editorial conventions

The plain text of Domesday Book is full of pitfalls for the unwary. If a place was the subject of successive entries, for instance, it was usually named only on its first occurrence. In subsequent entries, a phrase like 'in the same vill' was used. A search for that place on the plain text would therefore retrieve only the first of the series of entries.

Similarly, landholders become simply 'he' after being named in the first of a sequence of entries. Worse still, structural features of the text - counties, Hundreds, or tenants-in-chief - may be implied but not named in scores or even hundreds of successive entries. On the largest fief in Domesday, held by the Conqueror's half-brother, Bishop Odo of Bayeux, the bishop is named as tenant-in-chief only eight times on his 225 manors. This situation is not uncommon. Searches on the plain text of Domesday may therefore produce highly misleading results.

To rectify this, the implied meaning has been inserted into the text wherever this is unambiguous. Such insertions are transparent to the user though they may be made visible by customising the text. Searches will normally take account of such insertions, though the user may also specify searches on the unimproved text by excluding text insertions from a search specification.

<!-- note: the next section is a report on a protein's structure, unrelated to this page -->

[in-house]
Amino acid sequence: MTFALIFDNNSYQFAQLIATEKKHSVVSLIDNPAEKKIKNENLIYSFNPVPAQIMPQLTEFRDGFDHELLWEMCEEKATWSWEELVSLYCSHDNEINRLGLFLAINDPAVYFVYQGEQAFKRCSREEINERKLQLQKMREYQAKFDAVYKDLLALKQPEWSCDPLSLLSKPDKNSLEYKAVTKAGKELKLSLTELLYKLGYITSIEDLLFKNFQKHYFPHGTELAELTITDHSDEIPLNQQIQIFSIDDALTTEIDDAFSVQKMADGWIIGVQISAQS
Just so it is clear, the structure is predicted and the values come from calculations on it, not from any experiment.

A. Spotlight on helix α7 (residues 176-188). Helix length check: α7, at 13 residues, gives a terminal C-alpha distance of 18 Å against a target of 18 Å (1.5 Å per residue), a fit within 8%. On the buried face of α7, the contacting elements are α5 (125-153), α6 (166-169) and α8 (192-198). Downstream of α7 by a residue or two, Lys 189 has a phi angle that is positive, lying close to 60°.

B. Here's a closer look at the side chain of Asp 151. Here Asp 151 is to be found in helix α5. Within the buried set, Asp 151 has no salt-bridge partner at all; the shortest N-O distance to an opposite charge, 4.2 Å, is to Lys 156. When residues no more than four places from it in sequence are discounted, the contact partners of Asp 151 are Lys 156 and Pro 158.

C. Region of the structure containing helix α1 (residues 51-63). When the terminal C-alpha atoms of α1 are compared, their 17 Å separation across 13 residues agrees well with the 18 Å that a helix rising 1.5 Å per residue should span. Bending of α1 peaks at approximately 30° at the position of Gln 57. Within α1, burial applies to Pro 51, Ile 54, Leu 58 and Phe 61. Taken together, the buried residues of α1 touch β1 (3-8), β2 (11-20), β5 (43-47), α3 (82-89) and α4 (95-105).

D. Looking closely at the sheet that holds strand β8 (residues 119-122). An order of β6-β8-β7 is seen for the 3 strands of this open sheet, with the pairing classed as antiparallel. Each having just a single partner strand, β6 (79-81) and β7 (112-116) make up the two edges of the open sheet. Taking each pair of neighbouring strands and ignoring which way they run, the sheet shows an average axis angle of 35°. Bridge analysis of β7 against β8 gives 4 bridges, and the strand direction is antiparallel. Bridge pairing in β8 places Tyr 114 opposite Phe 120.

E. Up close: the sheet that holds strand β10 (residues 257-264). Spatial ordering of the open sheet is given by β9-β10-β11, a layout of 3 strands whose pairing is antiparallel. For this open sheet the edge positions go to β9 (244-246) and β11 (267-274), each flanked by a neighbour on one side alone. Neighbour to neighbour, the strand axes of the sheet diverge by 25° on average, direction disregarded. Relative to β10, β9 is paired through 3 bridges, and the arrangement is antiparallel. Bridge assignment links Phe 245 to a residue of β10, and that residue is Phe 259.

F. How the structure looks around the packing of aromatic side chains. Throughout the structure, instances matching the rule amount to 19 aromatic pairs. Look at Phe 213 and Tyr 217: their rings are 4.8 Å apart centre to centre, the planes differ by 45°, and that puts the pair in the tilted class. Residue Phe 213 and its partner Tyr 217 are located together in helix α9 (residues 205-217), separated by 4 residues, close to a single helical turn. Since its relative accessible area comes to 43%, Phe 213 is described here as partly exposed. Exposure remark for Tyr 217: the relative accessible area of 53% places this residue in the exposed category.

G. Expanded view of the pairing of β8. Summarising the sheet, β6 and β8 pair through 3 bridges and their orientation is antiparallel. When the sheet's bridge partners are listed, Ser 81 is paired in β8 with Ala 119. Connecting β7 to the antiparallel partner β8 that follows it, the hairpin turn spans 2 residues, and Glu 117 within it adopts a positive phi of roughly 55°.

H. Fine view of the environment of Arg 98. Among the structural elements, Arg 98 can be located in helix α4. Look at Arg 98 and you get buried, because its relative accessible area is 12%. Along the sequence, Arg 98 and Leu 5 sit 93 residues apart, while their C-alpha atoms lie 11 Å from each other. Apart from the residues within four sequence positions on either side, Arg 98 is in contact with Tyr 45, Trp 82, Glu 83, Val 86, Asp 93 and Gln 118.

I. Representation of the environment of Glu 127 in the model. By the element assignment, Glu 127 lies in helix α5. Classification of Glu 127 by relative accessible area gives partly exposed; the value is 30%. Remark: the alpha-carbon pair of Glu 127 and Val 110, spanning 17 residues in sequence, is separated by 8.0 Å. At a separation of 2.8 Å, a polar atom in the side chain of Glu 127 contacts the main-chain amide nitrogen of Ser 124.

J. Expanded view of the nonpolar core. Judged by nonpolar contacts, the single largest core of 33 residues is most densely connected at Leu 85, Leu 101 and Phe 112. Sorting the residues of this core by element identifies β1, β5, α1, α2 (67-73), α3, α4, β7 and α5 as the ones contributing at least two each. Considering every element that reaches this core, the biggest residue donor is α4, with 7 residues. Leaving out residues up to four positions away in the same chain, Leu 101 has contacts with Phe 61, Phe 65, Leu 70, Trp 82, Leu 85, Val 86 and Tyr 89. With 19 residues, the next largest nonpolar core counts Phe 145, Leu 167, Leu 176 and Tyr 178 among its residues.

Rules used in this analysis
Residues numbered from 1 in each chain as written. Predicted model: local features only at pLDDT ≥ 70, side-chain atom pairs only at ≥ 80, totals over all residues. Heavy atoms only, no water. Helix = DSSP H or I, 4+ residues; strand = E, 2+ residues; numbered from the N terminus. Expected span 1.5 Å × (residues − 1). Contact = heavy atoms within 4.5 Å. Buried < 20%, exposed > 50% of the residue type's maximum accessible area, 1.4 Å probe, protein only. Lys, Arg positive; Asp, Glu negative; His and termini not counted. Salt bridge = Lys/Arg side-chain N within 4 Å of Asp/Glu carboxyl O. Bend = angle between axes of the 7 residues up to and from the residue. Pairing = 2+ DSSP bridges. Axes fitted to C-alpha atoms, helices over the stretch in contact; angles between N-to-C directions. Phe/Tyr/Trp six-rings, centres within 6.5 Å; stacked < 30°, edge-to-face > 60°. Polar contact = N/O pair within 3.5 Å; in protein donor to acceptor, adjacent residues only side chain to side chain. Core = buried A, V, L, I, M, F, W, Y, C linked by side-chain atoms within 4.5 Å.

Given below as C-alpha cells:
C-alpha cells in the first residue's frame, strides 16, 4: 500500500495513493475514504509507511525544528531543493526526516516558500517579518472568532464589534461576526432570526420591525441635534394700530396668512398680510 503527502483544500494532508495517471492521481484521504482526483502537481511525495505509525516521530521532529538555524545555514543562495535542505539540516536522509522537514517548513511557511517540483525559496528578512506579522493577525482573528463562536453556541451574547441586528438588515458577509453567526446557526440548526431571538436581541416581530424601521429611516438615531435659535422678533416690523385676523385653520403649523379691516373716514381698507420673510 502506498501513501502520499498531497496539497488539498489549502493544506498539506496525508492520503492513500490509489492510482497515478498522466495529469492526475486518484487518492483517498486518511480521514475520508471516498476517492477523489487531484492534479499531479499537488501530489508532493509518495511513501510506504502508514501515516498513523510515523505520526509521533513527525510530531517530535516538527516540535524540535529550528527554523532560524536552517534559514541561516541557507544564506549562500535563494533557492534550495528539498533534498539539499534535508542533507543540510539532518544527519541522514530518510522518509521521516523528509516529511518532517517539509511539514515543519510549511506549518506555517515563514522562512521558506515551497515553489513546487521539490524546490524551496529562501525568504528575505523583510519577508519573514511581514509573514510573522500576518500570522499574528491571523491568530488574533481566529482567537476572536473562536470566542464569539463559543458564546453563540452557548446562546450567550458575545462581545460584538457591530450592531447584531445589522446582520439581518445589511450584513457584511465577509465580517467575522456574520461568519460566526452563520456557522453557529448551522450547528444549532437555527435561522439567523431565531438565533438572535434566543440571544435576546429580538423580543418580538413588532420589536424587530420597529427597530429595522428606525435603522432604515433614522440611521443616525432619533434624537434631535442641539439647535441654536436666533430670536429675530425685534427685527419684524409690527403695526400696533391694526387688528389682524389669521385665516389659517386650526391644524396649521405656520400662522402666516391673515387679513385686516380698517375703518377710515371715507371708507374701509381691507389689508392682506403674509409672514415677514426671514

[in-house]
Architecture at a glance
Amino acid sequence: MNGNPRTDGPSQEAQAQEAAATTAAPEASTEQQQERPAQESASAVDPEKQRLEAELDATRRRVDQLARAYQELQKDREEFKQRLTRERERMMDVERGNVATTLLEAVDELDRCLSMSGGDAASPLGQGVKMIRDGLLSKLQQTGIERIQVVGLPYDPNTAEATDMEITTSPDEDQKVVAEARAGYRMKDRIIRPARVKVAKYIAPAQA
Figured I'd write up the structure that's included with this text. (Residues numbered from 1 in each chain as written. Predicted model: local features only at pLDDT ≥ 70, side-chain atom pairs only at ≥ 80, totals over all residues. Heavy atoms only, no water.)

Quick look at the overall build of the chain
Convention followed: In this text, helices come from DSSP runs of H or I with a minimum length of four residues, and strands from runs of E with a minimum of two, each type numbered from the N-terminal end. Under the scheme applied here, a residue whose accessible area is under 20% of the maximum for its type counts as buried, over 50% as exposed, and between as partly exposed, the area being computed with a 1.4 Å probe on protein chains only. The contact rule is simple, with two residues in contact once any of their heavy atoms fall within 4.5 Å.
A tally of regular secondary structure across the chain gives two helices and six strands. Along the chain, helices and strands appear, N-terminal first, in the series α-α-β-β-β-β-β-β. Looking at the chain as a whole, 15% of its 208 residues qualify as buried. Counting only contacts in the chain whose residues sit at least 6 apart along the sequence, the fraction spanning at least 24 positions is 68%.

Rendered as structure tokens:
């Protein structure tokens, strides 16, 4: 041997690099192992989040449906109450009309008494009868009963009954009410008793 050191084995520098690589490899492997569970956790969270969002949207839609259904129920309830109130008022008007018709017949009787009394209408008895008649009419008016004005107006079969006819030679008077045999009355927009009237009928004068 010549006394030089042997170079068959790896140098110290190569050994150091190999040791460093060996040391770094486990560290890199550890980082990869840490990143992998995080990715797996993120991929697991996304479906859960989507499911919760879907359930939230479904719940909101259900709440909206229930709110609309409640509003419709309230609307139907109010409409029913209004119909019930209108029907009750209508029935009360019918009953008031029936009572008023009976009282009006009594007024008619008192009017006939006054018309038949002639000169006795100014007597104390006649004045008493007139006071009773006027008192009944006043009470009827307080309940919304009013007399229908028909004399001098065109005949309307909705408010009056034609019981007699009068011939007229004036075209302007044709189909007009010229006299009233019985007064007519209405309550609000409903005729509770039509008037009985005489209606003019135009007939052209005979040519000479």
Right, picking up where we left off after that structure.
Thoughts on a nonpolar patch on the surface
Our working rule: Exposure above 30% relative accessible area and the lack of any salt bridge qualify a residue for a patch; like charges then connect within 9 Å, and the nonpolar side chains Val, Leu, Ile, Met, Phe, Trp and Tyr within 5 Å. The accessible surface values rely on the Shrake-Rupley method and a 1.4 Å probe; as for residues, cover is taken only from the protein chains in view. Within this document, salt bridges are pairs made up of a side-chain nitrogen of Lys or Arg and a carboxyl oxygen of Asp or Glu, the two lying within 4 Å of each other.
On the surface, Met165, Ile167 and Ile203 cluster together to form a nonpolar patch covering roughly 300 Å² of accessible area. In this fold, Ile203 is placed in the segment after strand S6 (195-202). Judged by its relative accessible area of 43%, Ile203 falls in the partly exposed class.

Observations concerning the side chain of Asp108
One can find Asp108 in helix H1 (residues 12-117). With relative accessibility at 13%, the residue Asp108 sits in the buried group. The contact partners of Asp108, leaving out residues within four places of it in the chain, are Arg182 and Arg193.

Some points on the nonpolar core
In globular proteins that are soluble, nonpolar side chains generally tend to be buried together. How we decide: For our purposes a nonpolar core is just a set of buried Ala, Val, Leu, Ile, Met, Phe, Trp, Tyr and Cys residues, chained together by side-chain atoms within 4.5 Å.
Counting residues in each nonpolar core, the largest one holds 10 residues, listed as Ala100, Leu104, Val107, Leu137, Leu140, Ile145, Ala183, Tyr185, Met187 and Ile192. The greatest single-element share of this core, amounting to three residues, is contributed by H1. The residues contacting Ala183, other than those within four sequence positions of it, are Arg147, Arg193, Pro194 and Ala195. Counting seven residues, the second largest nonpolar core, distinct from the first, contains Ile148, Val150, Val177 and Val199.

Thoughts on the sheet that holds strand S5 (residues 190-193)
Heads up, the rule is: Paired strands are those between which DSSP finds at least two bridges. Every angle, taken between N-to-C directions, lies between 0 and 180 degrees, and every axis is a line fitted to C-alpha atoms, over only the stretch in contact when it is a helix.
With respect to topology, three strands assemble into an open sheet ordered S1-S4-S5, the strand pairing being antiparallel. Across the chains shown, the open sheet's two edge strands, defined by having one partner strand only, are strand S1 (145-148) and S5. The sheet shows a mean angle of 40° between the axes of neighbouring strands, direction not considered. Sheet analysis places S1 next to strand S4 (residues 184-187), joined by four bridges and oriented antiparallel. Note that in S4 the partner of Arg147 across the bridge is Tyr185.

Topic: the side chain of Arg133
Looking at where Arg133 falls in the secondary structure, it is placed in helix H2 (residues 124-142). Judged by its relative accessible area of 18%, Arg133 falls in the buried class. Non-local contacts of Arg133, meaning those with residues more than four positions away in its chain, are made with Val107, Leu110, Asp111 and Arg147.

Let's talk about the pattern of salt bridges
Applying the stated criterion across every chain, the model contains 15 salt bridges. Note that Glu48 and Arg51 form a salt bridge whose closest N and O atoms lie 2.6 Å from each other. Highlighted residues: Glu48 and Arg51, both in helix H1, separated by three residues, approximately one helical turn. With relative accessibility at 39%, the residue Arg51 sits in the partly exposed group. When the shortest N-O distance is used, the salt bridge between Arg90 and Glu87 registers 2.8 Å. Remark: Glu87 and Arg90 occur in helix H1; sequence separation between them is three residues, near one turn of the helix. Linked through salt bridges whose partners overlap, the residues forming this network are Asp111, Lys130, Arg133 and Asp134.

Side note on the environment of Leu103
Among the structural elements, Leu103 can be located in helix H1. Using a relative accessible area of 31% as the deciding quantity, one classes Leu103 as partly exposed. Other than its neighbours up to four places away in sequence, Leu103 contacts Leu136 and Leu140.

Insertions have also been made to incorporate material from other Domesday sources, notably the Domesday satellite texts. The majority of these insertions are identifications of landowners named only by their christian names in Domesday Book itself but supplied with identifying bynames, patronymics, or titles in other sources. These insertionsmay be identified as a group, or according to the particular satellite text from which they are derived. Insertions from the satellites may be viewed or searched but the user may also revert to the plain text by using the appropriate codes when specifying a search.

Finally, where plausible identifications for people or places have been suggested by historians, these have been incorporated, with identifying codes which allow them to be disregarded if necessary.

For the use of codes in searching the text, see properties and property searching.